Yehuda ben Tabbai's feelings of guilt knew no bounds. "All his days, Yehuda ben Tabbai prostrated himself on the grave of the executed man, and his voice used to be heard. The people believed that it was the voice of the executed man; [but] he said to them: 'It is my voice. You shall know this [by the fact that] on the morrow [when] I die, my voice will not be heard'". Yehuda ben Tabbai had, through a terrible mistake, killed an innocent man, and he carried that burden with him to the day he died.
 Does this rule have an exception? Rav Soloveitchik in The Lord is Righteous in All His Ways, p. 274, wonders without resolution, whether leaders of the Nazi movement, yemach shemam, could have their teshuva accepted.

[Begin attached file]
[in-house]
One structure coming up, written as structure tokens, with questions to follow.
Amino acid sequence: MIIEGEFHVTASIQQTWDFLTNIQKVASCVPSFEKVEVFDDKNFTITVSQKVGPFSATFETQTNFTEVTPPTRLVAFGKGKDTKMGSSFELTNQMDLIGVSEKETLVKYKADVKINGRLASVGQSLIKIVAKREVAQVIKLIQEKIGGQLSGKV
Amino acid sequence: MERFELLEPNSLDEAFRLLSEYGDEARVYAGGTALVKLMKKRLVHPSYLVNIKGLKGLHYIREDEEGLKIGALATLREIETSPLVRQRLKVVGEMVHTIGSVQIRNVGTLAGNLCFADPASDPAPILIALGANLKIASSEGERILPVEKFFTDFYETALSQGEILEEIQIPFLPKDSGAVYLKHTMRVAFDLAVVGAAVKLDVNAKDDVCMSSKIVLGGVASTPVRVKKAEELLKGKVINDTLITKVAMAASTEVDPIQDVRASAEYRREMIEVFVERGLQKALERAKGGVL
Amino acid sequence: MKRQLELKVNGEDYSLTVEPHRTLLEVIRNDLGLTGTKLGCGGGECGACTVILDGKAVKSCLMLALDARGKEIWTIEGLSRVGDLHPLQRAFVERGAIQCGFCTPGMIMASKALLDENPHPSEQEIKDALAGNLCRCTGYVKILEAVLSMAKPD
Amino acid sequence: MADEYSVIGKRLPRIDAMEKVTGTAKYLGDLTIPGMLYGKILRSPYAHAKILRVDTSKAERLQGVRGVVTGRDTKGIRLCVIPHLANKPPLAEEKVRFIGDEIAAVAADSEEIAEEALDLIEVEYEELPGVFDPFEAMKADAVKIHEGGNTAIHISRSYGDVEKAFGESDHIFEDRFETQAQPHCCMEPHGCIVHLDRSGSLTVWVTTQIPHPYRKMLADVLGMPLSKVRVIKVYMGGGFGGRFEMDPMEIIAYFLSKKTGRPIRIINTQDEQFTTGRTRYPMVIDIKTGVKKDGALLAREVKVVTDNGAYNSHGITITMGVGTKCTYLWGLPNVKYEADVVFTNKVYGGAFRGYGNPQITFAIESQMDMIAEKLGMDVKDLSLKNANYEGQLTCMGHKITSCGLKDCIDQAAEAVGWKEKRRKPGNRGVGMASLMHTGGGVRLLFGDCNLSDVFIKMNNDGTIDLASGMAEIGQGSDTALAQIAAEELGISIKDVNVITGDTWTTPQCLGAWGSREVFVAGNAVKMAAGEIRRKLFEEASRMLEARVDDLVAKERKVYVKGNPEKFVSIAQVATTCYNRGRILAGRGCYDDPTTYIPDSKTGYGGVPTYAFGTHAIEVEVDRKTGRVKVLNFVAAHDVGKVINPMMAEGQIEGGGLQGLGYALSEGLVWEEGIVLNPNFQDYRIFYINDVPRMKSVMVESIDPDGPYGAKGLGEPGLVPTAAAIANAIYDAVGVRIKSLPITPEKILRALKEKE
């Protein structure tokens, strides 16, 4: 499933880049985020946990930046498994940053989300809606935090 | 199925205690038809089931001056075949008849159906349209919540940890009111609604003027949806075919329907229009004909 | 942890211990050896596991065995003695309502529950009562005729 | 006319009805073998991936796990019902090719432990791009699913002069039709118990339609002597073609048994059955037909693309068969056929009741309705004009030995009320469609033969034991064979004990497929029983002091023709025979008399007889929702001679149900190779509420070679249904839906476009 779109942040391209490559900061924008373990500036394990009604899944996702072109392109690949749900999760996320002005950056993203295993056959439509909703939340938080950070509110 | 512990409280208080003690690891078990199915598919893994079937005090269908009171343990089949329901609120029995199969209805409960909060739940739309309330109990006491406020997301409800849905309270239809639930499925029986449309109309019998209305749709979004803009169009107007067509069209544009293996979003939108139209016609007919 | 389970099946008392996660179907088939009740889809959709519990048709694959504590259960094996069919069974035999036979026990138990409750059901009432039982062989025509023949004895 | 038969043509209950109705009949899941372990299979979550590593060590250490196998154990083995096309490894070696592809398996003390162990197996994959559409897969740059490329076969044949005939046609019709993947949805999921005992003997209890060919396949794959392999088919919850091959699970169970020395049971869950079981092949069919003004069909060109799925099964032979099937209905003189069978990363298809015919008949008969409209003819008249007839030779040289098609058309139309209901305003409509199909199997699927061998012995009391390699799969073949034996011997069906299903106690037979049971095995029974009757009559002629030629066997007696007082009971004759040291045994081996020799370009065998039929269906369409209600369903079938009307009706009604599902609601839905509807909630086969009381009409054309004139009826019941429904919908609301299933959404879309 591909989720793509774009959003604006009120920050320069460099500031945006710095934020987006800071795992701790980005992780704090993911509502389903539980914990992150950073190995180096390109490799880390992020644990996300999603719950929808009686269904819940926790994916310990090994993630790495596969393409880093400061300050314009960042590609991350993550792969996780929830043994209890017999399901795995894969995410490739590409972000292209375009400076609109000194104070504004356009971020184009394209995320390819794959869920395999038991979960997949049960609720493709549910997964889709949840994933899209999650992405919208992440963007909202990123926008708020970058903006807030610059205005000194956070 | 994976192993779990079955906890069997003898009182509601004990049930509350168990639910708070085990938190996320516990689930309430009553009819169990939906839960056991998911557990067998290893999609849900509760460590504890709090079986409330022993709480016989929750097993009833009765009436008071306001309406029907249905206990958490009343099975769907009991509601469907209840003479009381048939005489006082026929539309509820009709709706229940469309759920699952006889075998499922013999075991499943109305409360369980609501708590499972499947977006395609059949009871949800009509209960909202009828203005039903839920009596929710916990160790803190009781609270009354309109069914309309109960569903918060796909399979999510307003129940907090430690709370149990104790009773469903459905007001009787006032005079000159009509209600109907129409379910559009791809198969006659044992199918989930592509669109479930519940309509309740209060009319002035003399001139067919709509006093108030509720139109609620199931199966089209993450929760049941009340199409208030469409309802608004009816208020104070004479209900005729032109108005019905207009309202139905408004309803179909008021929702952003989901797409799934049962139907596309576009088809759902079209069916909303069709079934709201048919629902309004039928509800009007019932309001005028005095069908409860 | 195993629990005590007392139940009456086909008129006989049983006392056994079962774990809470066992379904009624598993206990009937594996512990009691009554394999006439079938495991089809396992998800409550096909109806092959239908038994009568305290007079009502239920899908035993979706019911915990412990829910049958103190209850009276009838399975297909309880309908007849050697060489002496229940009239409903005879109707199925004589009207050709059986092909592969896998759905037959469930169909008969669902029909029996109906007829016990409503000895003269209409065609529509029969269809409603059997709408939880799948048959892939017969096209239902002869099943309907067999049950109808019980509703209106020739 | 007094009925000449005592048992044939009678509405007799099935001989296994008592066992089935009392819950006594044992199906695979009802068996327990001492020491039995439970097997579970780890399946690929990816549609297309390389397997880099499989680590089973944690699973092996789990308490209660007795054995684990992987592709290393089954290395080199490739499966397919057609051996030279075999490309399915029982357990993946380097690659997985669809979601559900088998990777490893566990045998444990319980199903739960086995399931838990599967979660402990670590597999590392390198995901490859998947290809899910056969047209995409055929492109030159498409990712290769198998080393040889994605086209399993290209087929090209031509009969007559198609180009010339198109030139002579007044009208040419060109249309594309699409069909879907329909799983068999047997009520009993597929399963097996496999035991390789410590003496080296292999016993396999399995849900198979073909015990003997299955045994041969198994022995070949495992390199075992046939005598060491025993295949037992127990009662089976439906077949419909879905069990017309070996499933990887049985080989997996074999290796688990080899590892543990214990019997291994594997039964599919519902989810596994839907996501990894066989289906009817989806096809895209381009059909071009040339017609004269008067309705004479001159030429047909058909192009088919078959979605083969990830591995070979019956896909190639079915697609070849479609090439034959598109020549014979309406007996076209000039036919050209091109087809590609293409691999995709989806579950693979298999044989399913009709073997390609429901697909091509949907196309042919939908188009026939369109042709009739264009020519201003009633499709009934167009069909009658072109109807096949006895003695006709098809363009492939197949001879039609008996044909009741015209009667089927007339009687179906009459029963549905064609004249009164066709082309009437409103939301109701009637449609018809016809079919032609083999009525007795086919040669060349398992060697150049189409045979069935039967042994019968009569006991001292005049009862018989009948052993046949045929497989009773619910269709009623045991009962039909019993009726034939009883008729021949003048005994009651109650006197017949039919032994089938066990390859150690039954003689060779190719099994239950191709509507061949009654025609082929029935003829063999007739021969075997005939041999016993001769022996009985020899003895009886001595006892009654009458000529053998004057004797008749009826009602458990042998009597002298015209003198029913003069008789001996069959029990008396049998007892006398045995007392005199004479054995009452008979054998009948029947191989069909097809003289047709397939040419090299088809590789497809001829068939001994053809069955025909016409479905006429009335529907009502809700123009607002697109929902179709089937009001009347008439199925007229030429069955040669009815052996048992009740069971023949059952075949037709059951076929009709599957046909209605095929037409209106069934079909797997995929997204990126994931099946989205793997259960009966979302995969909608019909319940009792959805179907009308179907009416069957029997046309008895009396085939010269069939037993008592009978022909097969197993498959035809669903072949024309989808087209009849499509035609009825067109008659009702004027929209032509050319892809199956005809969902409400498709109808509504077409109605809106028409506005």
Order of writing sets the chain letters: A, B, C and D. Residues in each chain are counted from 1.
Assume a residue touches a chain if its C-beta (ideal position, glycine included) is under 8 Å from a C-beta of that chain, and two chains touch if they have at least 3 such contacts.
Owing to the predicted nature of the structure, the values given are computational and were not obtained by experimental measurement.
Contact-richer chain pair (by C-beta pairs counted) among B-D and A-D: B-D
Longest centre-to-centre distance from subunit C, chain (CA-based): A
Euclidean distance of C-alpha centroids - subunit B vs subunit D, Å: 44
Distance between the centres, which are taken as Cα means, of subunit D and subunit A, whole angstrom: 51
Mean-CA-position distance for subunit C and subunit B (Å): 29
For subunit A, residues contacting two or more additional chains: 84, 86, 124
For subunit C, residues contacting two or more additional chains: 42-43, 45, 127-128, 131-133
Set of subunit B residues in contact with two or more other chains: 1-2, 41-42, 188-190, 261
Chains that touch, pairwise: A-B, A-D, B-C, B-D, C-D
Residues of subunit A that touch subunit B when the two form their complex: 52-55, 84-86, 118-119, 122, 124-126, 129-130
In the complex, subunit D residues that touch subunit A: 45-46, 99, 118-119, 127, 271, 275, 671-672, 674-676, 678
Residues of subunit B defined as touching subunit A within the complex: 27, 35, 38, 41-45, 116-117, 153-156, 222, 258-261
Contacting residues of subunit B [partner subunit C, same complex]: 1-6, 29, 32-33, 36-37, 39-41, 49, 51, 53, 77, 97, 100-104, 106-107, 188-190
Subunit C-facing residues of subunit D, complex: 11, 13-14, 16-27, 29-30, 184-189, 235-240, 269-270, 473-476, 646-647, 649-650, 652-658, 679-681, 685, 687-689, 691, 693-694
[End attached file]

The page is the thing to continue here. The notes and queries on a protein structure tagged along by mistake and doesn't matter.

Those who require semicha, the laying of hands, would not invalidate a sacrifice if such was not done, and those who forbidsemicha admit that no Biblical law is violated if such is done.